Stars and Planets » Brown Dwarfs

Somewhere between a True Star ( a low mass red dwarf star) and a Gas Giant Planet are the Brown Dwarfs. Although they may not be much larger than Jupiter in size they are far larger in mass. The upper mass for a brown dwarf is that which is just insufficient for normal hydrogen fusion to be triggered in the core. Based on theoretical considerations, this is believed to be between 0.075 and 0.080 solar mass, or 75 to 80 times the mass of Jupiter. The lower mass limit is somewhat arbitrary as there is no obvious point of transition between a high-mass planet and a low-mass brown dwarf, but it is generally taken to be about 0.013 solar masses or about 13 times the mass of Jupiter.
Brown dwarfs are too cool to give off much visible light but they do emit substantial amounts of radiation in the infrared as a result of slow gravitational contraction and the fusion of deuterium and possibly lithium. They are thus amenable to detection by ground-based and spaceborne infrared telescopes. As in the case of extrasolar planets, brown dwarfs can also be found if they happen to be orbiting a star. 'Small' brown dwarfs burn deuterium (Deuterium + Proton gives helium 3) at around ½ million degrees Celsius. Higher mass brown dwarfs burn deuterium at ½ million and lithium at around 3 million degrees Celsius.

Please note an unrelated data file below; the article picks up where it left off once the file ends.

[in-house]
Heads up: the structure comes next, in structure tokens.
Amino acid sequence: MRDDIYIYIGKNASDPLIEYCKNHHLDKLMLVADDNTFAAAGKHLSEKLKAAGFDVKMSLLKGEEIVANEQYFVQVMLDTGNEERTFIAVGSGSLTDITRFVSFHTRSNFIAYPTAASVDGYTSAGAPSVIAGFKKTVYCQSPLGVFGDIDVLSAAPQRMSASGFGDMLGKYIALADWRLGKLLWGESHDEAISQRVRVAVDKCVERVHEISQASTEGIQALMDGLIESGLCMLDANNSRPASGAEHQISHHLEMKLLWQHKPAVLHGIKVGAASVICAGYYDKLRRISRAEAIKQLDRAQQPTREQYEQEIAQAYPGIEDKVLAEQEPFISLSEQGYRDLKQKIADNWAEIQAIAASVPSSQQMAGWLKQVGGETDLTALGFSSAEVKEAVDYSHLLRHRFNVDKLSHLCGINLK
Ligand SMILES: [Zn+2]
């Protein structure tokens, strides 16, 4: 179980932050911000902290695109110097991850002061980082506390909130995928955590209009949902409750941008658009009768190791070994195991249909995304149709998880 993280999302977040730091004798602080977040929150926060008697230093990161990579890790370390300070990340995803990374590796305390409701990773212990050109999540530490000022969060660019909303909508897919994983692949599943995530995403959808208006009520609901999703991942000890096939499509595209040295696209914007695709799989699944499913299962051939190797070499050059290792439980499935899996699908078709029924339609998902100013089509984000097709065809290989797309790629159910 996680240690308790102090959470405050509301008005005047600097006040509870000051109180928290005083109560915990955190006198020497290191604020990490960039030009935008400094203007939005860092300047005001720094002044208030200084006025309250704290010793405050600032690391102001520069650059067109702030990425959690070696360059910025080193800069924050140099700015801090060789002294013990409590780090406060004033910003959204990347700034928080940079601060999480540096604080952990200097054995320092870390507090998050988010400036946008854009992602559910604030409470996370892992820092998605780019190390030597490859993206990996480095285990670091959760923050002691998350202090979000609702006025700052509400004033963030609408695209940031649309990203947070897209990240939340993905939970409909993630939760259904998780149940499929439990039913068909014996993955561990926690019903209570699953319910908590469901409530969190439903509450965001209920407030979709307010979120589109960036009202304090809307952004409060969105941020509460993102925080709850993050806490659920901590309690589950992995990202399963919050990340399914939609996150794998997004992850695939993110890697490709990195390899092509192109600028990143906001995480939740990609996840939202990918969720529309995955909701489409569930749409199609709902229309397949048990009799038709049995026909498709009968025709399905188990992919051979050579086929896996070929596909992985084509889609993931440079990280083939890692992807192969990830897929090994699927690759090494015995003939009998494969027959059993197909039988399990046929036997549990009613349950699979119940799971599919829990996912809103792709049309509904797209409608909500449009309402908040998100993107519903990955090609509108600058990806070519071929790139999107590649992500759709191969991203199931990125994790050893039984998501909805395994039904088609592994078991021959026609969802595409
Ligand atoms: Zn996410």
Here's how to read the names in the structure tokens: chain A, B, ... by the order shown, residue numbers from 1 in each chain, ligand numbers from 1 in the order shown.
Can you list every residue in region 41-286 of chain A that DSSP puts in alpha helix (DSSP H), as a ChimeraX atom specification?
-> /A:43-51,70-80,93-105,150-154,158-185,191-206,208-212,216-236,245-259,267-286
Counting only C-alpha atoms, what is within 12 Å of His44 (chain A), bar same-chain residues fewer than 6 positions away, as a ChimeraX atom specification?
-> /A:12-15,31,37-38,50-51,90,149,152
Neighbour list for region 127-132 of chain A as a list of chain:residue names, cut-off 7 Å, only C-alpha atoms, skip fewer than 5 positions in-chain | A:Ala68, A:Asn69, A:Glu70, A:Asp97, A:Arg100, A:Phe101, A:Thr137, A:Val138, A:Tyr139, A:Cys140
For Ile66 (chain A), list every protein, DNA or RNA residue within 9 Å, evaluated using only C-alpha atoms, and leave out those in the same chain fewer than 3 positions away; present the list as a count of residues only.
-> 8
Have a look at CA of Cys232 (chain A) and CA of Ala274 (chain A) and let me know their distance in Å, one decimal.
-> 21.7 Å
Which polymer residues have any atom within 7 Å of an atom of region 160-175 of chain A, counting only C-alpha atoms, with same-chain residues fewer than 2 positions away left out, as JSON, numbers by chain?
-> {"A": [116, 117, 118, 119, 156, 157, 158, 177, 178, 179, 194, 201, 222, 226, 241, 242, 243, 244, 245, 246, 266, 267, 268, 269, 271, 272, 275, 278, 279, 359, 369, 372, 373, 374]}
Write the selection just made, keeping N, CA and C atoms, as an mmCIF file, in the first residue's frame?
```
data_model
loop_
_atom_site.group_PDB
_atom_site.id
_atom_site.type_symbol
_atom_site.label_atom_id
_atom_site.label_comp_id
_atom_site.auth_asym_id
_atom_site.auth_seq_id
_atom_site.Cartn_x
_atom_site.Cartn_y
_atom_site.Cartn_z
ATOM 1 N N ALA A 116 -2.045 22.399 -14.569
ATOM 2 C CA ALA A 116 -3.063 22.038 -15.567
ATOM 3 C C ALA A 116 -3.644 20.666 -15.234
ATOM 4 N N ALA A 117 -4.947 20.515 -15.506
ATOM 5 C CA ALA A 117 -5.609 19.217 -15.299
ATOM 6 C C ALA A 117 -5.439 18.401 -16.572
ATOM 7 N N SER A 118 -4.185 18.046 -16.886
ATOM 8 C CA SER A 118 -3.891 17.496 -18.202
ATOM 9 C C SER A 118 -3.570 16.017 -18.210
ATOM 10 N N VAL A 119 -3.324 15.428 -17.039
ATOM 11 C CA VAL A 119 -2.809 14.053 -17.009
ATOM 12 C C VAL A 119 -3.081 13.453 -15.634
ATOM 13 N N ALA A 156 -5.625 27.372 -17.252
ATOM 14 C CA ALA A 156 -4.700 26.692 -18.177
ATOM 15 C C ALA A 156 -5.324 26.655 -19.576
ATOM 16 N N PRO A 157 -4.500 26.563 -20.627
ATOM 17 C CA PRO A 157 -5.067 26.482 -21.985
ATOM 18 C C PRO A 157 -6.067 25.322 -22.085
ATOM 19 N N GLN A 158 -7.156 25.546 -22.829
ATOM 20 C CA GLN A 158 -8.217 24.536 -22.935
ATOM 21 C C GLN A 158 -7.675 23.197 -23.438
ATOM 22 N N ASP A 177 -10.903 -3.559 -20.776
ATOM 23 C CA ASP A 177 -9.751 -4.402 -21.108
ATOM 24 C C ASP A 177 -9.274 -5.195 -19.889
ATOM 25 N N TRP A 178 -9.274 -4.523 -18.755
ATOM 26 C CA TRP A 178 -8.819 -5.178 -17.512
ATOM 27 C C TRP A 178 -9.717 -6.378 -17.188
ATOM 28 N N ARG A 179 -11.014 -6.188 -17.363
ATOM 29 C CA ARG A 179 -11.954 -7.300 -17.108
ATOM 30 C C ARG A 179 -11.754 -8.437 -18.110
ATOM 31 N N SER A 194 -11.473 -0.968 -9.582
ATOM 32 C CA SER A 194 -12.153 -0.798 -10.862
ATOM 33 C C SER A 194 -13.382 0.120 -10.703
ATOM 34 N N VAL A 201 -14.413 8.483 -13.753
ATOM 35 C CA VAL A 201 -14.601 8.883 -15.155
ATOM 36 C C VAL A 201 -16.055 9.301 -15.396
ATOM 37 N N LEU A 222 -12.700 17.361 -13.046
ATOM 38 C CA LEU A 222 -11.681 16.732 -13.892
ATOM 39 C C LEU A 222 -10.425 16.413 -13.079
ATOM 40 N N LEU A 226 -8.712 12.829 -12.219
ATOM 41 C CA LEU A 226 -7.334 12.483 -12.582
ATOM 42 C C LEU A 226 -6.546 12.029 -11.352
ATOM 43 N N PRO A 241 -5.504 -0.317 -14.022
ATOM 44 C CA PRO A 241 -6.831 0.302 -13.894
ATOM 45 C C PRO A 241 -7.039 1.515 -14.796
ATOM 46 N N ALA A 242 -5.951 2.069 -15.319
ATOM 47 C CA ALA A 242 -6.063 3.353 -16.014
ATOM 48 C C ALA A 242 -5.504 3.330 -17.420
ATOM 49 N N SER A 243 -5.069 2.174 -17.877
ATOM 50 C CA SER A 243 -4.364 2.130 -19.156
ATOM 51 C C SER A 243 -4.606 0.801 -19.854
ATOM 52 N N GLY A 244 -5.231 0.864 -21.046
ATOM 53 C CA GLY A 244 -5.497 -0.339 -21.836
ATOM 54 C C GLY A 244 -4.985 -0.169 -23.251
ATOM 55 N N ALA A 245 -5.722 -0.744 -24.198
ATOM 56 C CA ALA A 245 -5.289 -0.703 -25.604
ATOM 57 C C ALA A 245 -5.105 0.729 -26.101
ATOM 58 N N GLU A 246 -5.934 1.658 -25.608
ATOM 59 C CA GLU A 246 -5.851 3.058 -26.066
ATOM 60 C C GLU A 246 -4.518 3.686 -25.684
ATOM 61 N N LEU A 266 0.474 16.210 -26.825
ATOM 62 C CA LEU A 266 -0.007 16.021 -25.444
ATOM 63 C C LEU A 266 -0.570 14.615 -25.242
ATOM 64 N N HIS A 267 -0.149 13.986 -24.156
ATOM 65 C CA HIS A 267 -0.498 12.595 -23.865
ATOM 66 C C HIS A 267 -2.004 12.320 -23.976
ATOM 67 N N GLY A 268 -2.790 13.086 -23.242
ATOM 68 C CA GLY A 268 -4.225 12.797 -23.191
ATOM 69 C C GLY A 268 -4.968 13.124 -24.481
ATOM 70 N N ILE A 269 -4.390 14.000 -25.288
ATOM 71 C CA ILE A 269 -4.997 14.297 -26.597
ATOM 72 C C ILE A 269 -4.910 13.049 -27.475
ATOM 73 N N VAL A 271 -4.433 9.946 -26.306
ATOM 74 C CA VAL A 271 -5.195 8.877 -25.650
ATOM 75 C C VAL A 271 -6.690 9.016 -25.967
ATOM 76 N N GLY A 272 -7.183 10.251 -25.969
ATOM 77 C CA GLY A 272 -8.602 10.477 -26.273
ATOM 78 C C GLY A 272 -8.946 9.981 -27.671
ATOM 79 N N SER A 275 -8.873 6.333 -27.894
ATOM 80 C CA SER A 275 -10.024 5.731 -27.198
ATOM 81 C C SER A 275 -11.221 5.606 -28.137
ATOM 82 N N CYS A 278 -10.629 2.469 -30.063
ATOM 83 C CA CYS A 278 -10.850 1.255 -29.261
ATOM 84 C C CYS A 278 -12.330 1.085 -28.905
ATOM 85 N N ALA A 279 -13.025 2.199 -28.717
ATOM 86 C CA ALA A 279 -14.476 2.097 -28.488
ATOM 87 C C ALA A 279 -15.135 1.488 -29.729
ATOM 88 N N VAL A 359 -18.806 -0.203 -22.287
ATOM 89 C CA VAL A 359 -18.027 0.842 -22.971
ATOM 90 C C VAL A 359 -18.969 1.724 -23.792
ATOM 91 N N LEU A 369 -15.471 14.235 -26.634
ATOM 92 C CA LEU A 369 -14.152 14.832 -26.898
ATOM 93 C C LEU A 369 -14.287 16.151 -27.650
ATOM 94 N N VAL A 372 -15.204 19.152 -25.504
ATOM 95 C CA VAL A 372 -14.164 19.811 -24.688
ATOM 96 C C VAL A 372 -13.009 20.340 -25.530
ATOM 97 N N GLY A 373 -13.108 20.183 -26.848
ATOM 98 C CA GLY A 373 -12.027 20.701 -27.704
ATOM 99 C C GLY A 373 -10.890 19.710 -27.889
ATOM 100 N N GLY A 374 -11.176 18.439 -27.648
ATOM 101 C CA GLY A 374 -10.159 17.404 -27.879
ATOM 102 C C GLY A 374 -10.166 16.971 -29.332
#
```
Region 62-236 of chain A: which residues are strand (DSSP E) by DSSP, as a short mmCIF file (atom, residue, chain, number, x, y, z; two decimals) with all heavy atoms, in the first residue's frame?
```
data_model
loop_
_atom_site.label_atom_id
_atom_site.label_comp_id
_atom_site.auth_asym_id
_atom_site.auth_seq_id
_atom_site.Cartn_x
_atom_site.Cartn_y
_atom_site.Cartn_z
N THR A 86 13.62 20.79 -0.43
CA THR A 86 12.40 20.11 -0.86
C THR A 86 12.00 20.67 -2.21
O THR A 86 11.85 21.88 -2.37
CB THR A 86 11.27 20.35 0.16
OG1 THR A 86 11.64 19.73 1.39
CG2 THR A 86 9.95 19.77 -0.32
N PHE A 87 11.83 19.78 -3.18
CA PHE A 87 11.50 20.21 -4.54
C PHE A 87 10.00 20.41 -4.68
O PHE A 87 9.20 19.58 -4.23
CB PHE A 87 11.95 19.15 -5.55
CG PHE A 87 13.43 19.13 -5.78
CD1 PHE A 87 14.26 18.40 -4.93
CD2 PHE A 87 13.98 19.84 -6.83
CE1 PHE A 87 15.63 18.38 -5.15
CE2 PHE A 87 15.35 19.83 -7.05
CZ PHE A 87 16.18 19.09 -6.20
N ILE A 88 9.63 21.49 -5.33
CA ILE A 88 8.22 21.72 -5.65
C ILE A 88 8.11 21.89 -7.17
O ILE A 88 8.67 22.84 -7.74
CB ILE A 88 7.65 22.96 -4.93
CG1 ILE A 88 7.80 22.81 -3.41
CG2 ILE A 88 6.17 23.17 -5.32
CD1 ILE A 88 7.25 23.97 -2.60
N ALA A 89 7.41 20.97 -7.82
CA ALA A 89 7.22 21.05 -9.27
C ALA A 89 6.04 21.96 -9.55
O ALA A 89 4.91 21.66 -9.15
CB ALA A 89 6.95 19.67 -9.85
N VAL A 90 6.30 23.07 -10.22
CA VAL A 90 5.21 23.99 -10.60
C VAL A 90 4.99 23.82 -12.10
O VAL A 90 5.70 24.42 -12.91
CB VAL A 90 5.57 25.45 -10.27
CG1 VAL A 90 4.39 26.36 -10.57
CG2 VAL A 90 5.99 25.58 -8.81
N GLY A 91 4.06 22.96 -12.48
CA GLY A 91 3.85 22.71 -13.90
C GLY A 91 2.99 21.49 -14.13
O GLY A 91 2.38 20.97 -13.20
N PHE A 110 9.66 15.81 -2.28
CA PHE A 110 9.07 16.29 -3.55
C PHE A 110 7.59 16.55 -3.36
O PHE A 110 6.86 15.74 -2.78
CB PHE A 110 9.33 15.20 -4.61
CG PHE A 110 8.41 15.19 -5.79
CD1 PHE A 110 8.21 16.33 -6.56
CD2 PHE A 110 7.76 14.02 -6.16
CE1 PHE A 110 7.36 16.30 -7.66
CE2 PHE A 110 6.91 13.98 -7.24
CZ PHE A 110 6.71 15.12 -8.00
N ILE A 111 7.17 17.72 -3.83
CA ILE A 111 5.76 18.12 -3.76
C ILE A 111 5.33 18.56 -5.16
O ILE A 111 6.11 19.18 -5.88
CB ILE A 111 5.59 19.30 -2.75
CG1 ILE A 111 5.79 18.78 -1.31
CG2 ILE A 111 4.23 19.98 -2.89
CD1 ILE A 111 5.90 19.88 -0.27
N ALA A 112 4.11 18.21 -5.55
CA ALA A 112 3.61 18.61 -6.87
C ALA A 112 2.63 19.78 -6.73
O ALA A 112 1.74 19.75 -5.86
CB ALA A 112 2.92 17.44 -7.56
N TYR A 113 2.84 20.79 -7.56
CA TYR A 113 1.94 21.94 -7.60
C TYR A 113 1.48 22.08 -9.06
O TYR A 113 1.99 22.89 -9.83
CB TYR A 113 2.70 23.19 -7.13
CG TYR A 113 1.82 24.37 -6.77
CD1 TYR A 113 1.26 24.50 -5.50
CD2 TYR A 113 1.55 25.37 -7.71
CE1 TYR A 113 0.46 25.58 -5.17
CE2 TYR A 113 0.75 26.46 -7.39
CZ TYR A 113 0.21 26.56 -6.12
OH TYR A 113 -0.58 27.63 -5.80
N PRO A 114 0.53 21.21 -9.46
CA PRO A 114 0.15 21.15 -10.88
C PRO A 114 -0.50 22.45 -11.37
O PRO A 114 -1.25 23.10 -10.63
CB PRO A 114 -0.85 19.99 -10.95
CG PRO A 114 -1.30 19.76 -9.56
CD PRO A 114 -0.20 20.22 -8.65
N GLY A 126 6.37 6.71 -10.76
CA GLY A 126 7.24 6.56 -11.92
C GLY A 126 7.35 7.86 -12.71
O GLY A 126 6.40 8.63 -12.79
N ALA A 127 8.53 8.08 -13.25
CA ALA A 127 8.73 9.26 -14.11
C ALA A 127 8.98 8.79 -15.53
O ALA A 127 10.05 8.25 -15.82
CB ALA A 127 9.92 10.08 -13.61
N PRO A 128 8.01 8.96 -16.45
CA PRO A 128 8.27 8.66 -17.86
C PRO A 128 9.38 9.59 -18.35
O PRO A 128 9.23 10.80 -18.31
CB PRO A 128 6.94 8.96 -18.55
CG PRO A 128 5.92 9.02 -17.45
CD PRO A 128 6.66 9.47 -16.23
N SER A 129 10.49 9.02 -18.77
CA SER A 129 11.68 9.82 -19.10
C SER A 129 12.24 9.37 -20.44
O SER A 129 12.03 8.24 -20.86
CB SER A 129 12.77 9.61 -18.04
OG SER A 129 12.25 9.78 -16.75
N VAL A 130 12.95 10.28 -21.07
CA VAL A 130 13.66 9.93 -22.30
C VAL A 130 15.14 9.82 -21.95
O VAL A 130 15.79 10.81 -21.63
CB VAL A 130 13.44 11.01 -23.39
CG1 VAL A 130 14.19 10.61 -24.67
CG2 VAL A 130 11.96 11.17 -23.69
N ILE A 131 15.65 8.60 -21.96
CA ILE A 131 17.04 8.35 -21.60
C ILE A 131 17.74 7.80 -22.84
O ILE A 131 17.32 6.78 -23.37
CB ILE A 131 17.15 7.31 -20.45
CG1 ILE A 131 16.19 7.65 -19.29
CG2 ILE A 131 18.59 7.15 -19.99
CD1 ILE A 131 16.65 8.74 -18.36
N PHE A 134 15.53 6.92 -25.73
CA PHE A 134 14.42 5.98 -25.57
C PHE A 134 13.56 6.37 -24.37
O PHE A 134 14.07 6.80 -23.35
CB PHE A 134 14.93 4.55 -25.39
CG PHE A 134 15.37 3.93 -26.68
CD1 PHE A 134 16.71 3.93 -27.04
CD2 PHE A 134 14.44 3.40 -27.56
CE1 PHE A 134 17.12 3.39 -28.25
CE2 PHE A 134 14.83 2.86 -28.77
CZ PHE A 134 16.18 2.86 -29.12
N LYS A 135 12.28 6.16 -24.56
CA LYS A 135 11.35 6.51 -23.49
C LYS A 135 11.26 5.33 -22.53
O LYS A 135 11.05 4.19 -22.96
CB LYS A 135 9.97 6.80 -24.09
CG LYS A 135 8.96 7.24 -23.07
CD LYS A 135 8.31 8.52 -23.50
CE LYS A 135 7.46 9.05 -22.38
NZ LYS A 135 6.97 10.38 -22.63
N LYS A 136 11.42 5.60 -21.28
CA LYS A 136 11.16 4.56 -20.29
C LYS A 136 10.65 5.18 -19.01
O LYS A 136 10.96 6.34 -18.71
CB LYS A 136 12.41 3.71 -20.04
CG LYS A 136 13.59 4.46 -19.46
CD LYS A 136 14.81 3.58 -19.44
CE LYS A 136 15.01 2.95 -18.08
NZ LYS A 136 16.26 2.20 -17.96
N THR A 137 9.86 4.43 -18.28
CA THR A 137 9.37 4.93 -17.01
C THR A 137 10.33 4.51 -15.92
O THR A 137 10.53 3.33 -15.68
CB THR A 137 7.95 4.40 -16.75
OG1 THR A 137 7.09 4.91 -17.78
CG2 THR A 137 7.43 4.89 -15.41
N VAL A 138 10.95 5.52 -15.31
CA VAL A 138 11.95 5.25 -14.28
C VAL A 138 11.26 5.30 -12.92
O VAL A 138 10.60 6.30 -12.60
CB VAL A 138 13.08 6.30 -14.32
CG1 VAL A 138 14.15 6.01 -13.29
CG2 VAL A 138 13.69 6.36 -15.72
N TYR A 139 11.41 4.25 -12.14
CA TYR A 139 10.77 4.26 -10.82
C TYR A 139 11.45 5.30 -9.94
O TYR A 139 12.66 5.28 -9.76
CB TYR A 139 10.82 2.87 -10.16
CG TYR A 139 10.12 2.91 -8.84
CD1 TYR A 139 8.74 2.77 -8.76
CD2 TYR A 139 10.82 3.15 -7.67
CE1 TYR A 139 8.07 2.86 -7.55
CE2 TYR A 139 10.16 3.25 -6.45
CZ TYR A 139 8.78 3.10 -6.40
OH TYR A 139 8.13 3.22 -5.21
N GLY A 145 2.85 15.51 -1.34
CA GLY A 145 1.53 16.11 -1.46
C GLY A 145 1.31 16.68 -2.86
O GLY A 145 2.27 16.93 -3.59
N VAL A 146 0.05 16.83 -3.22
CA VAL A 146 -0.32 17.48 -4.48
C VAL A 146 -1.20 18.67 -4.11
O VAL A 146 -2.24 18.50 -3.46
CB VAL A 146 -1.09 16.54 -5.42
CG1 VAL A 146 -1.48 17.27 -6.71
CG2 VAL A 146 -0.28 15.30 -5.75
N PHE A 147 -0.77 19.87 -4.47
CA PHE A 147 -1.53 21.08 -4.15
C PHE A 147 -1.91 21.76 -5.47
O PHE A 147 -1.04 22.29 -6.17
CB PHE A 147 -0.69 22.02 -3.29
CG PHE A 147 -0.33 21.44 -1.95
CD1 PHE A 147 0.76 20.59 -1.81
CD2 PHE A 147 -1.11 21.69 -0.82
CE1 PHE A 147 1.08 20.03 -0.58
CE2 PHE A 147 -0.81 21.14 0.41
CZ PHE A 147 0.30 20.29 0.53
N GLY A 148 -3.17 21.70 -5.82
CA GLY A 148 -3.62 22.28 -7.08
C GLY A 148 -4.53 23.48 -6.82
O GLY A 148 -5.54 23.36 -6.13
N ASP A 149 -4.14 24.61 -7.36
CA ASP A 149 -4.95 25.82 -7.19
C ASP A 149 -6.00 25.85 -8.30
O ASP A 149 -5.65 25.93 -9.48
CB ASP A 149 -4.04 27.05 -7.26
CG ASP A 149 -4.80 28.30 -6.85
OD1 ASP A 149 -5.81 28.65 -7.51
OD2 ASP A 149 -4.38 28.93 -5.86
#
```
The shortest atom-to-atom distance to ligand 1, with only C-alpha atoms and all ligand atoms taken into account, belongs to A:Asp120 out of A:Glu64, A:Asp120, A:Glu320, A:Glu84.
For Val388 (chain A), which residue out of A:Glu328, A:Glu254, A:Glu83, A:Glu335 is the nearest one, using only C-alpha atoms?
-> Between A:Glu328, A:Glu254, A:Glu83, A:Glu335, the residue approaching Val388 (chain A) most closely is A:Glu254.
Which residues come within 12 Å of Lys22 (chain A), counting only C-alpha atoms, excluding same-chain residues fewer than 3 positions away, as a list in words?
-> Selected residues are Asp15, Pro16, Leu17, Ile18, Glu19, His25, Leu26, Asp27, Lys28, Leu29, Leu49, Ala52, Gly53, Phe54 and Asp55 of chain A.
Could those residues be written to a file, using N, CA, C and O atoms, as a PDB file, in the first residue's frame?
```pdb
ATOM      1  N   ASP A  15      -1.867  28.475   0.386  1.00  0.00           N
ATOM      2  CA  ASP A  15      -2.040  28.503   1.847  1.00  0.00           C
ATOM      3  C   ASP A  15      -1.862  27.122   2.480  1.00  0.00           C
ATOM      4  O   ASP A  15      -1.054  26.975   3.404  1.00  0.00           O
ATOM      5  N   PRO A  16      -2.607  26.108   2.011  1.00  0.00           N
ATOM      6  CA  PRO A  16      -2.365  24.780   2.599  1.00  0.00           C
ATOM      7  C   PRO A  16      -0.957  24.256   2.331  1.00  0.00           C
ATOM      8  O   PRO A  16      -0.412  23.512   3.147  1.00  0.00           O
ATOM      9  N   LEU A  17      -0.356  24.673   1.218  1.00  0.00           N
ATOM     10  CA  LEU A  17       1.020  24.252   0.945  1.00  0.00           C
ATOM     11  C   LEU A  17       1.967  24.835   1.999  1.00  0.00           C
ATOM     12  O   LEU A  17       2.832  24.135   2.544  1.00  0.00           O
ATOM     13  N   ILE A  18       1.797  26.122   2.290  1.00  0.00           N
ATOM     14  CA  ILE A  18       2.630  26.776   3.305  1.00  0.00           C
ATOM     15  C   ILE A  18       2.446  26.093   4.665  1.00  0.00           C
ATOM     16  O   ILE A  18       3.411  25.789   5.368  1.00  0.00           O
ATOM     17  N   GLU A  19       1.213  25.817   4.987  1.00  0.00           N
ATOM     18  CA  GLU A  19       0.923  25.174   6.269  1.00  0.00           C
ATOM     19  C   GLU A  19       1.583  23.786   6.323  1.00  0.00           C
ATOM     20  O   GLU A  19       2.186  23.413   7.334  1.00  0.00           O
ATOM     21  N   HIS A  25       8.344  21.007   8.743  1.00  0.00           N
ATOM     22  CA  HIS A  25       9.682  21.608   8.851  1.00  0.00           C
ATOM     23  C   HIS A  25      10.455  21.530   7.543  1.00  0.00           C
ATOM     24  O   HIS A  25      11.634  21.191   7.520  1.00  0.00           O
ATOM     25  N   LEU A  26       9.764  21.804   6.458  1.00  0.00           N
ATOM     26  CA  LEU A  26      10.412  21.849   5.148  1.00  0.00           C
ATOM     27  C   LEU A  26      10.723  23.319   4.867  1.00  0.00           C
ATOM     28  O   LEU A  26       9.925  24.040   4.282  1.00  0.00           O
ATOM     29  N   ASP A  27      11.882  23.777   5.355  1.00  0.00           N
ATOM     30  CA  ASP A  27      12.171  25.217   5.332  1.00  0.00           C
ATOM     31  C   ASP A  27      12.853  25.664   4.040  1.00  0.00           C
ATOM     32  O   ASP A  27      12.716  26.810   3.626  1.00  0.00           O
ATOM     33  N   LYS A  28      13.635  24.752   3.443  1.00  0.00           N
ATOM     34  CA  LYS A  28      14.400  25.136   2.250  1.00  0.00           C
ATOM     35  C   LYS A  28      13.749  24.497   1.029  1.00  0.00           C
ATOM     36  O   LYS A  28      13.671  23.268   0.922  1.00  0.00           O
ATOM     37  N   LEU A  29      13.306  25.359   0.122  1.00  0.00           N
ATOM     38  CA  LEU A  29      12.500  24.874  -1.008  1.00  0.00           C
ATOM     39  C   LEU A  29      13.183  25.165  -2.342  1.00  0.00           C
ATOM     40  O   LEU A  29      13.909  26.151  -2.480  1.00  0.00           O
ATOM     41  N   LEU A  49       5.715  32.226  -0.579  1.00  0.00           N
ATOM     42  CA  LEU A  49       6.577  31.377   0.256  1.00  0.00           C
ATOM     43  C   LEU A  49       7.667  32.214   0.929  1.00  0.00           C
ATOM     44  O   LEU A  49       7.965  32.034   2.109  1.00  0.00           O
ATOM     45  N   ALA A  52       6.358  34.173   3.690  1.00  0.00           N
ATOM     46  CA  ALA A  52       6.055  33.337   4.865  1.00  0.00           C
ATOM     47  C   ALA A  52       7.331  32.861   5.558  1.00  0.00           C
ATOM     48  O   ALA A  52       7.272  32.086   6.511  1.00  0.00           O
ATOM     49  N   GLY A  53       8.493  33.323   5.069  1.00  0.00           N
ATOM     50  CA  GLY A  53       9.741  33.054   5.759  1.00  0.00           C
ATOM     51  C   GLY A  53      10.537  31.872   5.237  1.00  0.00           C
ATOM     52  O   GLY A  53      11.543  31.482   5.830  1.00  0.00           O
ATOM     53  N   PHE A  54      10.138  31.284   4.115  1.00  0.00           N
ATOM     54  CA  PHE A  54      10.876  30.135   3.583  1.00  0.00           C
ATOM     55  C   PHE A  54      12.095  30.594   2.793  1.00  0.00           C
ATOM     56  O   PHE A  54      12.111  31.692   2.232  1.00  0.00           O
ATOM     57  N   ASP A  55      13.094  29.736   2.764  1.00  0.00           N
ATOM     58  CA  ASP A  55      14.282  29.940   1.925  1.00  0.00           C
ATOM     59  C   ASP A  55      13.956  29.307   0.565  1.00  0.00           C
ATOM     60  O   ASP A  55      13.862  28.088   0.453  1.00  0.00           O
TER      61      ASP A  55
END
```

Ray Goodwin

Somewhere there are mountains
Glistening in the snow
Somewhere there are mountains
That we shall never know

Somewhere there are rivers
Flowing fast and free
Somewhere there are rivers
That we can never see

Somewhere there are oceans
And sun drenched island sands
Forests full of creatures
In vastly distant lands

Somewhere there’s a planet
Beneath an alien star
The people watch our tiny sun
And wonder where we are

One day perhaps we’ll find them
Across the void of space
Perhaps through ways as yet unknown
We’ll meet them face to face

The author of this web site Ray Goodwin holds B.Sc. Degrees from London University in Chemistry, Geology and Physiology and an M.Sc. in Biochemistry. He has spent most of his professional life teaching in Colleges of Technology. On his retirement he has entered the fields of astronomy, astrochemistry, astrobiology and space sciences. He has spent a great deal of his retirement in visiting amateur astronomy societies and in attending European Space Agency Symposia in ESTEC in the Netherlands and other scientific conferences in England and Sweden. He regularly attends the yearly European Astrofest in South Kensington London and other meetings in the UK. He has written scientific articles and given a number of lectures on diverse scientific subjects.

Readers of this web site are invited to e-mail the author ( and discuss their opinions of the topics dealt with and suggest any changes which they think may be helpful.

Life in the Cosmos Website
Version 01.00 - April 20, 2015.